Of Mothers & Daughters: Simat & Calla
I’m a recently retired health and science teacher with two daughters (3.5 years apart!). Professionally and personally, health and exercise have always been important to me. When my girls were little, staying home and waiting for Dad to get home before I could go out for a run or a ride wasn’t ever a consideration. Instead, exercise became our girls time. We’d head out to the boulevard that encompassed our little town, stroller in front and a tricycle in the back...tethered to me so I could help my oldest “navigate” inclines.
As the little one reached toddlerhood, I found a bike buggy, which attached to the rear wheel of my road bike. Both girls could ride in the buggy as I pedaled here and there. We could even carry a cargo of snacks on longer journeys! Freedom was ours.
It’s been said before, and I’ll say it again: those years absolutely fly by. We were fortunate to have the wind in our hair the whole time. And as they got older, I decided it might be fun to see how fast I could go without two little girls on the back of the bike. I traded in my Panasonic for a beautiful celeste Bianchi race frame and found the race scene invigorating. Riding and training was fun and challenging. Although if you ask my oldest, her only memory of my racing days is being picked up from her grandparents house by a mom caked in dried blood. (Long story short: draft lines are great until they aren’t. The guy in front of me swerved to avoid a pothole, several of us crashed, I finished the race, and I wasn’t really hurt badly. But to her young eyes, it looked gross, and it left an impression.)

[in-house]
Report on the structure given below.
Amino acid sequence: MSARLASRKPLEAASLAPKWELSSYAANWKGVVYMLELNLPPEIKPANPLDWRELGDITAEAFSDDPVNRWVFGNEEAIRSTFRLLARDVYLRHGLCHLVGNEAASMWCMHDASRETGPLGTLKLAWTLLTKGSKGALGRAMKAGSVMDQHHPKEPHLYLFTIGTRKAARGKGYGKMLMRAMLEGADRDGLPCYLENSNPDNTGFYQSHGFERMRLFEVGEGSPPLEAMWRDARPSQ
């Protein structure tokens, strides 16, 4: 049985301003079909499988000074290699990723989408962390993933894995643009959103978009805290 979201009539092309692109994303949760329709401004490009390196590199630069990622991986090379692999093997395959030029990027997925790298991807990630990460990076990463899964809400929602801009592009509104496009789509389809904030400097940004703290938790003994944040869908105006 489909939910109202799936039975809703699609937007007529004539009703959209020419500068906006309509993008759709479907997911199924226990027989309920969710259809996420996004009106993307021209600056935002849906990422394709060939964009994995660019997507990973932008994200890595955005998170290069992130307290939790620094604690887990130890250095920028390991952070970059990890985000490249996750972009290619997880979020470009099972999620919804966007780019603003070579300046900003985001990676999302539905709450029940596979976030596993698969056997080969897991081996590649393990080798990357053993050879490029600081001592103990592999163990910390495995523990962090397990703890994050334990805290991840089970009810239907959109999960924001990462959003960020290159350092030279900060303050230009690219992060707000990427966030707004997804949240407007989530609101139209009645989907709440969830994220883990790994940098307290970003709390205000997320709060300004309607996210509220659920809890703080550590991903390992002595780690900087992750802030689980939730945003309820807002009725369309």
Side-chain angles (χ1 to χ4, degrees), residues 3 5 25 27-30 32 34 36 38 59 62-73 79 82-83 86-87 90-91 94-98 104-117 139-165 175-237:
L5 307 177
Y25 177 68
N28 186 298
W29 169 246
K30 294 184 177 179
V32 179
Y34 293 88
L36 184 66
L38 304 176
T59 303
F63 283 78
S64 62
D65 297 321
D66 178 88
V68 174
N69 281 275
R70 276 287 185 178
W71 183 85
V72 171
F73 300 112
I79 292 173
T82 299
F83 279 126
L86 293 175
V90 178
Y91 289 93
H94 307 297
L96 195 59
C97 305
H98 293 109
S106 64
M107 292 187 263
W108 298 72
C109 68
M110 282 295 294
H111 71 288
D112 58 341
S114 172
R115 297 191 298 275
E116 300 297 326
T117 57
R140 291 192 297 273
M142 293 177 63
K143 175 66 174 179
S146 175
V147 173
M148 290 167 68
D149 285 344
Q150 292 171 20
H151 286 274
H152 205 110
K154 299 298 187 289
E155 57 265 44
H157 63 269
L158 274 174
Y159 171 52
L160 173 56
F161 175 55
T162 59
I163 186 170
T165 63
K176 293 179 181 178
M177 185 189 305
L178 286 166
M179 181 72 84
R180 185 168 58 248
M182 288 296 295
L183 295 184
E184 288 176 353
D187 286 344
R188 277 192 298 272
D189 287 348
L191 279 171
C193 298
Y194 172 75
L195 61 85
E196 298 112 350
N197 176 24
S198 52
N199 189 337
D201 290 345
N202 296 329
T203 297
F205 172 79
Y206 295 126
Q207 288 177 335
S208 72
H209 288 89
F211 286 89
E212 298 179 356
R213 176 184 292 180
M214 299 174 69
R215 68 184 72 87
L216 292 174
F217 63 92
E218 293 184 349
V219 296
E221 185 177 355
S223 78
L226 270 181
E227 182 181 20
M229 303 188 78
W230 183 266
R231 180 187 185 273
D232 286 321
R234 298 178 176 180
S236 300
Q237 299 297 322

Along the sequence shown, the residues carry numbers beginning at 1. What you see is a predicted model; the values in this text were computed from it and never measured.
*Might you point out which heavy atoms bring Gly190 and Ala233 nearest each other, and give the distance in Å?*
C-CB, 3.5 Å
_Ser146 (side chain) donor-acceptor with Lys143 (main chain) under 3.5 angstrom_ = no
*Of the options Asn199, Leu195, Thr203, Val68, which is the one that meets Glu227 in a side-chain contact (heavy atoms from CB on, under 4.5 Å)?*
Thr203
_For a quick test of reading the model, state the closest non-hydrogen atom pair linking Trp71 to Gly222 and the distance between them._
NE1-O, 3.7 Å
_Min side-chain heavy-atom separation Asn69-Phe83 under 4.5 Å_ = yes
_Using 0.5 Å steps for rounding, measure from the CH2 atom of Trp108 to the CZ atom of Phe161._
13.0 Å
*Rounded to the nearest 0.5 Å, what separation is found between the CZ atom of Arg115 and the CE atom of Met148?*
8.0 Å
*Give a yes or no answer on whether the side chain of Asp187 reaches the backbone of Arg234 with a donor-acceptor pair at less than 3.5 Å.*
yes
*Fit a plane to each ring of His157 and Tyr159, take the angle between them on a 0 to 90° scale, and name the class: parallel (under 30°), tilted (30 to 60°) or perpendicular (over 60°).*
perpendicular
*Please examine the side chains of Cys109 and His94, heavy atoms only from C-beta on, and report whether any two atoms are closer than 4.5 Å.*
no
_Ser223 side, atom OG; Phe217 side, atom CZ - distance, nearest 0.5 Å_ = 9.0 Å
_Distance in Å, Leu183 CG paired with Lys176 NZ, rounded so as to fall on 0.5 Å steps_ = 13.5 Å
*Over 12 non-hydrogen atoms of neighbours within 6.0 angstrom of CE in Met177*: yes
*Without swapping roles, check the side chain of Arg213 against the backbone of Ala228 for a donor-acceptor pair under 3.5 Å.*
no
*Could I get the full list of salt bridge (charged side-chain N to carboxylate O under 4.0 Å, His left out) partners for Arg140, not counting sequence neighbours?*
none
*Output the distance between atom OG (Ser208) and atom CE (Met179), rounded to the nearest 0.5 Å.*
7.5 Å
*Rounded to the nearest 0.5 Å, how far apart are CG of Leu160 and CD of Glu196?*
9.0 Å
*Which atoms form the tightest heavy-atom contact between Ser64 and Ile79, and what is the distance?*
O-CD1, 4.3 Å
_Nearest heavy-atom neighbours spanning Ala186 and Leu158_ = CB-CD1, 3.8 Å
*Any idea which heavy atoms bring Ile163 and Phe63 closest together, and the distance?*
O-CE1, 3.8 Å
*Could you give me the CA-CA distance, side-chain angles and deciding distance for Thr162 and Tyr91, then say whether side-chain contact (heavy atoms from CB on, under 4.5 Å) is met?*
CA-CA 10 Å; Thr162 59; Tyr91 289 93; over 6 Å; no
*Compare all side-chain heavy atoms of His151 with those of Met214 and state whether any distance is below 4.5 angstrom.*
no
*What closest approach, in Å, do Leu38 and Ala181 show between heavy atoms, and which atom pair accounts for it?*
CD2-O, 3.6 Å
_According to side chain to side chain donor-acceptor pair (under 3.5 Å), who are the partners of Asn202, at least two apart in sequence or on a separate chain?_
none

Apparently it didn’t deter her for long, though. Even at the young age of 5, she was determined to ride part of RAGBRAI with me, so I tagged along on her “training rides” as she attempted to prep for her RAGBRAI debut. Okay, let’s be honest, her one mile of RAGBRAI. But small things seem big when you’re little. And her grandparents are always there to save the day, picking her and her trusted steed up when her little legs gave out.
Now an adult, my oldest has replaced me in the sport of bike racing. Ironically, she bought herself a modern Bianchi, celeste in color. And she may be slightly more obsessed...she now has an entire stable of bikes. She now can leave me in the dust, and it suits me just fine. But she has a lot of work to do if ever intends to make it around a corner at speed. (Ahem. Quit braking!)
The impression we leave on our children is strong. They absorb and retain more than we think. They see what we do, even though they may not always hear what we say. Including them in our hobbies and activities (not forcing them, but being open to them joining) has a great deal of value in terms of developing confidence and independence, and it also helps develop a strong relationship with them. I will always cherish "tug boating" them around town and sharing the importance of fitness with my daughters. Whether cycling, running, hiking, climbing, horseback riding or raking leaves, doing things together is priceless.
Author: Simat Whipp, pictured below with her oldest daughter, Calla
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